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Wednesday, March 27, 2013

For 'Whom' the Bell Tolls ... Elvis?

Yeah! Another writer pounds a nail into the whom coffin. As Megan Garber writes in The Atlantic:
We break the old rules, then, because new rules are, effectively, replacing them. Few of us still use whom in speech, and we've adopted that practice in our writing, particularly in more-casual forms (e‑mails, texts, IMs). What scholars refer to as “secondary orality,” the tendency of written language to adopt the characteristics of speech, is for many of us the new linguistic reality. According to the language blogger Stan Carey, “Whom is unnecessary—indeed, it’s out of place—where a conversational tone is sought.” We type with our telephones and we chat with our keyboards and we write, increasingly, as we talk. And—to whom it may concern—our words rise, and fall, accordingly.
That said, I just looked again at various respected grammar and word usage references. They all note the common misuse, misunderstandings about use, and eventual demise of whom in the English language. Heck, one book notes that whom has been on its deathbed for 150 years!

Yet all the references I checked continue to provide advice on using whom (and who) correctly. Whom is like the Elvis of of grammar. Some writers and editors still see its use as valuable to aiding reader understanding. Most people, though, don't use it much, correctly or incorrectly. When will this Elvis actually leave the building?

And though I want to prod its full departure, I feel I should provide some advice to aid those few writers who still listen to whom. Here's my advice in Garbl's Editorial Style and Usage Manual:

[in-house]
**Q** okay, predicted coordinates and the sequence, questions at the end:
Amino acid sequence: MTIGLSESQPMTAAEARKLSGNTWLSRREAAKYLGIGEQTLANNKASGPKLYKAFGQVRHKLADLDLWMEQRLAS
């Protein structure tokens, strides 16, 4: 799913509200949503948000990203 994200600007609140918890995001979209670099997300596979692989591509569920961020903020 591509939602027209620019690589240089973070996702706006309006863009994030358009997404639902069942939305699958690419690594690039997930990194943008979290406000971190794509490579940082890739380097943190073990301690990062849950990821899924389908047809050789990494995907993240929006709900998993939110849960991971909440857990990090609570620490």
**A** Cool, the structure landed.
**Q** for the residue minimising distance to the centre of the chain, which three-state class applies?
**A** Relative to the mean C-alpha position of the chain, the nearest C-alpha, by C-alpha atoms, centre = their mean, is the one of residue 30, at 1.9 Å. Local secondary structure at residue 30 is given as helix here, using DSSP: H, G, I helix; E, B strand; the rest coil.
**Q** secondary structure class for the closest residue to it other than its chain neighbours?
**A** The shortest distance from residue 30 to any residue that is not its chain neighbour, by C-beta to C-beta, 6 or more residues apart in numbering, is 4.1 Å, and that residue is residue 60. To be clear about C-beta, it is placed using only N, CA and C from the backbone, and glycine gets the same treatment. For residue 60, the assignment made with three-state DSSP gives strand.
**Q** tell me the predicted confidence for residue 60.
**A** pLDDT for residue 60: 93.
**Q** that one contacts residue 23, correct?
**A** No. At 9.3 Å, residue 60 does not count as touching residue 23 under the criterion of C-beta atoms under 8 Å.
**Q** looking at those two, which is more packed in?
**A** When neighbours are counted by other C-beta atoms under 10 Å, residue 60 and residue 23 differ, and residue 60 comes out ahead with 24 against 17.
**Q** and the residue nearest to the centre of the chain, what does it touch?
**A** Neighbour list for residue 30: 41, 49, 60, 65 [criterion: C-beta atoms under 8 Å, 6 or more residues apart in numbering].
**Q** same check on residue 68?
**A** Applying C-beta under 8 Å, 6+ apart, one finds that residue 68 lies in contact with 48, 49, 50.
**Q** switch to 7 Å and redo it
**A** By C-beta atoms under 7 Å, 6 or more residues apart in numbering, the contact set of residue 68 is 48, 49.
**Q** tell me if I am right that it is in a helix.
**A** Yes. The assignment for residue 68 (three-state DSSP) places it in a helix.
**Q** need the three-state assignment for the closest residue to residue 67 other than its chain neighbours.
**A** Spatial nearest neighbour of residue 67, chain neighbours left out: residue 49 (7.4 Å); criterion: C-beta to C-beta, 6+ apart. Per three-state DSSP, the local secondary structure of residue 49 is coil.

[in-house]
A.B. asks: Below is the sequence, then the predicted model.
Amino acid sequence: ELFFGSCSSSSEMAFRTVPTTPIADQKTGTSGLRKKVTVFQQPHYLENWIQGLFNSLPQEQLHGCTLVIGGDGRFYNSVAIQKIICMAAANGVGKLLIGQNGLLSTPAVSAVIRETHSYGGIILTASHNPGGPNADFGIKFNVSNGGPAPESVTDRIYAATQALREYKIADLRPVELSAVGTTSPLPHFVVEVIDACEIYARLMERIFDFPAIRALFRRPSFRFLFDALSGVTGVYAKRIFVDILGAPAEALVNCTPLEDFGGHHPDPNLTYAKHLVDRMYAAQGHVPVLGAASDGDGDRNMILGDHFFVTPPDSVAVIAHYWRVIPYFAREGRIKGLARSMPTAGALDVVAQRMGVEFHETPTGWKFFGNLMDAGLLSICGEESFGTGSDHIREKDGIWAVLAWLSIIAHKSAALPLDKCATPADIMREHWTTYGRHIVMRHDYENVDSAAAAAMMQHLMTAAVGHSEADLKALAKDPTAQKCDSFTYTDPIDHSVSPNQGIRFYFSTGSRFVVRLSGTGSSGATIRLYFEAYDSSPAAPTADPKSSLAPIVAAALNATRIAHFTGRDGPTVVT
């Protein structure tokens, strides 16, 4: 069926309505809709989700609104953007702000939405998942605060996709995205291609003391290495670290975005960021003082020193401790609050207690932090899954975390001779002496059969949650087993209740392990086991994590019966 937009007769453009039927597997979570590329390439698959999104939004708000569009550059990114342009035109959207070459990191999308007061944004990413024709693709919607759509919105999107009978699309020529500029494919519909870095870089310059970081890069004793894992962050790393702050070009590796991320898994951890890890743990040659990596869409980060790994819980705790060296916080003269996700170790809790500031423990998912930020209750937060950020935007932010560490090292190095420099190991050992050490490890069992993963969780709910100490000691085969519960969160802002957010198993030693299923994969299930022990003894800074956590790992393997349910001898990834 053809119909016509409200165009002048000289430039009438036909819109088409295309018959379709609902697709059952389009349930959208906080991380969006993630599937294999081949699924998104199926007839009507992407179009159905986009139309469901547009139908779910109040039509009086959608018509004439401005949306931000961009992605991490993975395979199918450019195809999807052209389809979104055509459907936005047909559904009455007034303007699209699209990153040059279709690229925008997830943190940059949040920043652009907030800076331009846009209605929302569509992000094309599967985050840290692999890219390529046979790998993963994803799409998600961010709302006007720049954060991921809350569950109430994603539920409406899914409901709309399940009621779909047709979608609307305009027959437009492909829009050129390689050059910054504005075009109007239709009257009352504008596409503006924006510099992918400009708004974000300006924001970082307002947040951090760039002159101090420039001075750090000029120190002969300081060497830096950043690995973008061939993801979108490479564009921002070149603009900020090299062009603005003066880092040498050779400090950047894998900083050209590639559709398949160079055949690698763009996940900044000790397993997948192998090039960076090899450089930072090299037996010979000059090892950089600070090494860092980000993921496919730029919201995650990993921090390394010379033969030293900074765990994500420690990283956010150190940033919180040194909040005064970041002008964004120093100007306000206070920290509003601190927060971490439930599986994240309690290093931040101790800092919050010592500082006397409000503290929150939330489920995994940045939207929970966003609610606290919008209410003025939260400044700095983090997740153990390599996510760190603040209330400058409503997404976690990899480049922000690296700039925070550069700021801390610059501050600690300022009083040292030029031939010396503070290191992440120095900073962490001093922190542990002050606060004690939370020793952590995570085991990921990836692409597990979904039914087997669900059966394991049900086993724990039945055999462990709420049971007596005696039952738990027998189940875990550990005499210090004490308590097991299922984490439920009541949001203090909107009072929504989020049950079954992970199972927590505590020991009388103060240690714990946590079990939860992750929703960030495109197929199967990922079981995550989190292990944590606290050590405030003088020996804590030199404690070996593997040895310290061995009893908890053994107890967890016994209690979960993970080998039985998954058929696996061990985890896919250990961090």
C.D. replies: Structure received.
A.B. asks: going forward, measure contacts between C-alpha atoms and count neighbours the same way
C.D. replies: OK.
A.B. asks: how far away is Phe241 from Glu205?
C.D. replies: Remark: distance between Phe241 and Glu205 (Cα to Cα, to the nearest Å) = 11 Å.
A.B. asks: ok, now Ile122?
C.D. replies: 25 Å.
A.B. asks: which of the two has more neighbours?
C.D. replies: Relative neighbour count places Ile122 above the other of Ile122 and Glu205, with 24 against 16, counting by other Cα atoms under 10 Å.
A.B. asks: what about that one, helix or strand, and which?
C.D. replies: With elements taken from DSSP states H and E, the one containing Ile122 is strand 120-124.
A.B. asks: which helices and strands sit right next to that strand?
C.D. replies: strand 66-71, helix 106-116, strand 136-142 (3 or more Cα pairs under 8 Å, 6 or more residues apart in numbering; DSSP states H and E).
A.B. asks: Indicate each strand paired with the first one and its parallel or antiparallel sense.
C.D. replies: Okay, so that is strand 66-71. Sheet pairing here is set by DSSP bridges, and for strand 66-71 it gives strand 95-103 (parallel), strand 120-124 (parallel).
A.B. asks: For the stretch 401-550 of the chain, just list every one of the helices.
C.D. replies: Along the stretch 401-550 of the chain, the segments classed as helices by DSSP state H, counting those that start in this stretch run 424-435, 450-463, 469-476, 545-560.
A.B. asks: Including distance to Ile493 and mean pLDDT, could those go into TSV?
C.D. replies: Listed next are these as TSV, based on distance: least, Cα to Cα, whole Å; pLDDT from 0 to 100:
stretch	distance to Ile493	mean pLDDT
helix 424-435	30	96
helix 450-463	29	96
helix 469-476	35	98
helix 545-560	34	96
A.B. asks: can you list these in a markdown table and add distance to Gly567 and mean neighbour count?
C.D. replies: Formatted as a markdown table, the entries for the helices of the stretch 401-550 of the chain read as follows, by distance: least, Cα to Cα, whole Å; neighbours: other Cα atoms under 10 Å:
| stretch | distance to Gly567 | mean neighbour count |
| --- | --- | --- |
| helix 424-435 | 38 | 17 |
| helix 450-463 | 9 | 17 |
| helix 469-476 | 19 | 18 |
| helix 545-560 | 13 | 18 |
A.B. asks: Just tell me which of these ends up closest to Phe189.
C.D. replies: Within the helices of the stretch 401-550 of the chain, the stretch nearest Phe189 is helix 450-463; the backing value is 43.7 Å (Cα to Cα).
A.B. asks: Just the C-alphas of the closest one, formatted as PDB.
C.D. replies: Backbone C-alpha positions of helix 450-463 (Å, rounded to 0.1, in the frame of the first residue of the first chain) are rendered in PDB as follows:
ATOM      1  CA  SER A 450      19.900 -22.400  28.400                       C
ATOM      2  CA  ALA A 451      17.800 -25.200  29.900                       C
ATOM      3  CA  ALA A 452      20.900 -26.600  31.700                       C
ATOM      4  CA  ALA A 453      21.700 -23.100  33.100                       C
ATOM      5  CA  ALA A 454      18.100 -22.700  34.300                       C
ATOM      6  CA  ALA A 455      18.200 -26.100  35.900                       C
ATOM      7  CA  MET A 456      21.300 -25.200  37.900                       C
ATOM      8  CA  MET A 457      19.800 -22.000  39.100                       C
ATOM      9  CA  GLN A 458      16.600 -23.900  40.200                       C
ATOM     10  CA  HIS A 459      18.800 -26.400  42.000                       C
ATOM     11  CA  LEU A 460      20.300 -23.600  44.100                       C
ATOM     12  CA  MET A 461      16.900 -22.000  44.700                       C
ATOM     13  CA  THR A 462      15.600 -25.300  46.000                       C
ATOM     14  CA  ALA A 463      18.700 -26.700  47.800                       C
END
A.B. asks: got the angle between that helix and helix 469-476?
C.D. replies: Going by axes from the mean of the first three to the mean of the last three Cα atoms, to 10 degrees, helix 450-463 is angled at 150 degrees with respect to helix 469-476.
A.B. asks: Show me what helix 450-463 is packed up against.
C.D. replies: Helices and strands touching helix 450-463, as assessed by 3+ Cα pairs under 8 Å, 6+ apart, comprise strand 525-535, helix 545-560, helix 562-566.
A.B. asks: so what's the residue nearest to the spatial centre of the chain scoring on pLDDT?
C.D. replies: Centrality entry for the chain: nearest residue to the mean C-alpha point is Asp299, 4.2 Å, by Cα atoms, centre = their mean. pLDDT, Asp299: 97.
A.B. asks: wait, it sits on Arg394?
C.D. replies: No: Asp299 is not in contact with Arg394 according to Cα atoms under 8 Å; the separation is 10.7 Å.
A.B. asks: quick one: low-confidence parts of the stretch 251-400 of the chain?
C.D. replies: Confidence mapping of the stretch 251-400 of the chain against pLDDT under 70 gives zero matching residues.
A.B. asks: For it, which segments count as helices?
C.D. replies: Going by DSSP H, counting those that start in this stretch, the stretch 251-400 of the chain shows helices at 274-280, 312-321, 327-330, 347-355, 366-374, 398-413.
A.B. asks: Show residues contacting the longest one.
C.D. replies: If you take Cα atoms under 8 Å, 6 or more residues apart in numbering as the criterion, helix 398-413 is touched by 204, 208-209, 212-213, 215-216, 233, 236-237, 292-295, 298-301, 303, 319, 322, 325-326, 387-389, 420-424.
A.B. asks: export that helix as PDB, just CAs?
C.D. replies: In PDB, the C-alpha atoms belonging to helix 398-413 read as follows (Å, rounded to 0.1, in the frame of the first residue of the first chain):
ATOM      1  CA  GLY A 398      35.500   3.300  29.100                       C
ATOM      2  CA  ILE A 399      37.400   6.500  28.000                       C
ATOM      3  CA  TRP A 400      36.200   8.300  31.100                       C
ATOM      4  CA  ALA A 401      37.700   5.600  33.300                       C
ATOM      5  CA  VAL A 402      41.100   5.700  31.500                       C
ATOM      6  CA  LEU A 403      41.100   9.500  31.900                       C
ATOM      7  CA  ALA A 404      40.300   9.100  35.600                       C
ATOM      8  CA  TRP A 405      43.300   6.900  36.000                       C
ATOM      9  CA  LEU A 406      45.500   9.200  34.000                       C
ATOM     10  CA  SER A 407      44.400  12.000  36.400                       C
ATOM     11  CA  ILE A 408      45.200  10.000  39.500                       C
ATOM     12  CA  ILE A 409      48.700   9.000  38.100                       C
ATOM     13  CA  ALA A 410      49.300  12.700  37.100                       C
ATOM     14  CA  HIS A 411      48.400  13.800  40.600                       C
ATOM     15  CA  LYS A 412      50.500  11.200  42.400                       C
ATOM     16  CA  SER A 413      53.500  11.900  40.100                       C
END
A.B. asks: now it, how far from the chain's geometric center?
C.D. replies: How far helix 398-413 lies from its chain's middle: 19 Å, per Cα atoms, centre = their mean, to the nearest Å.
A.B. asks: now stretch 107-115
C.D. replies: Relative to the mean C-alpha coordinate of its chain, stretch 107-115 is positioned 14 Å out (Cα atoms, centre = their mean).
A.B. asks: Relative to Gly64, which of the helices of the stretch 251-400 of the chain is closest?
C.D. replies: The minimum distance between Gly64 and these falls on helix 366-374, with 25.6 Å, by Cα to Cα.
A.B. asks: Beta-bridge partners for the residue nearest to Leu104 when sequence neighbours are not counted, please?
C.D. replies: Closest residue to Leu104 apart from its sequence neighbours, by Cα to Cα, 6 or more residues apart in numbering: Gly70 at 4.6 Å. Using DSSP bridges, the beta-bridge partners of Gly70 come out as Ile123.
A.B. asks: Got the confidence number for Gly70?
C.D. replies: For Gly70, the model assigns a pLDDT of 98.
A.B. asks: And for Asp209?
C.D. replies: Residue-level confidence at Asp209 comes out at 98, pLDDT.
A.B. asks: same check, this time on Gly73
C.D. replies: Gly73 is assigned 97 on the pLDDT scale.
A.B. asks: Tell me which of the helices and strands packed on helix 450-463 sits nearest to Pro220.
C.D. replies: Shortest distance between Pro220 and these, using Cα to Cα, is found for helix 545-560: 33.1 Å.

who, whom Often confused. Who does something, and whom has something done to it. Use whom when someone is the object of verb or preposition: The man to whom the car was rented did not fill the gas tank. Whom do you wish to see?
A preposition (such as to, at, by, for, from, in, toward, upon and with) often comes just before whomWho does something to whomWho is the word in all other uses, especially when someone takes an action as the subject of a sentence, clause or phrase:The man who rented the car did not fill the gas tank. Who is still here?
To test for correctness: Who equals he, she or they while whom equals him, her or them. Replace who or whom in the sentence with one of those pronouns. If it sounds wrong, it probably is. 
that, which, who, whom ... When an essential or nonessential clause refers to a human being or something with human qualities (such as a family), introduce it with who or whomThat -- but not which -- also may be used to refer to human beings, as well as inanimate objects. Don't use commas if the clause is essential to the meaning. Use them if it is not. 
Theodore M. Bernstein, The Careful Writer, 1977: "Which normally refers to things, who to persons, and that to either persons or things."
us, we Sometimes confused. We and other "nominative" pronouns--including he, I, they and who--typically go before a verb as the subject of a sentence or clause (a group of words with a subject and a verb). Us and other "objective" pronouns--including her, him, me, them and whom--typically come after a verb or preposition.
Be careful when writing sentences with two clauses, like these: Please help us who are your children. This is a grand day for us who are your children. The word ending the first clause should be the "objective" pronoun us, not weUs is the object of the verb help and the preposition for. Also, the word beginning the second clause should be the "nominative" pronoun who. ...

The Atlantic article on whom is featured today, March 27, in my daily online paper, Garbl's Style: Write Choices, available at the Editorial Style tab above and by free email subscription.

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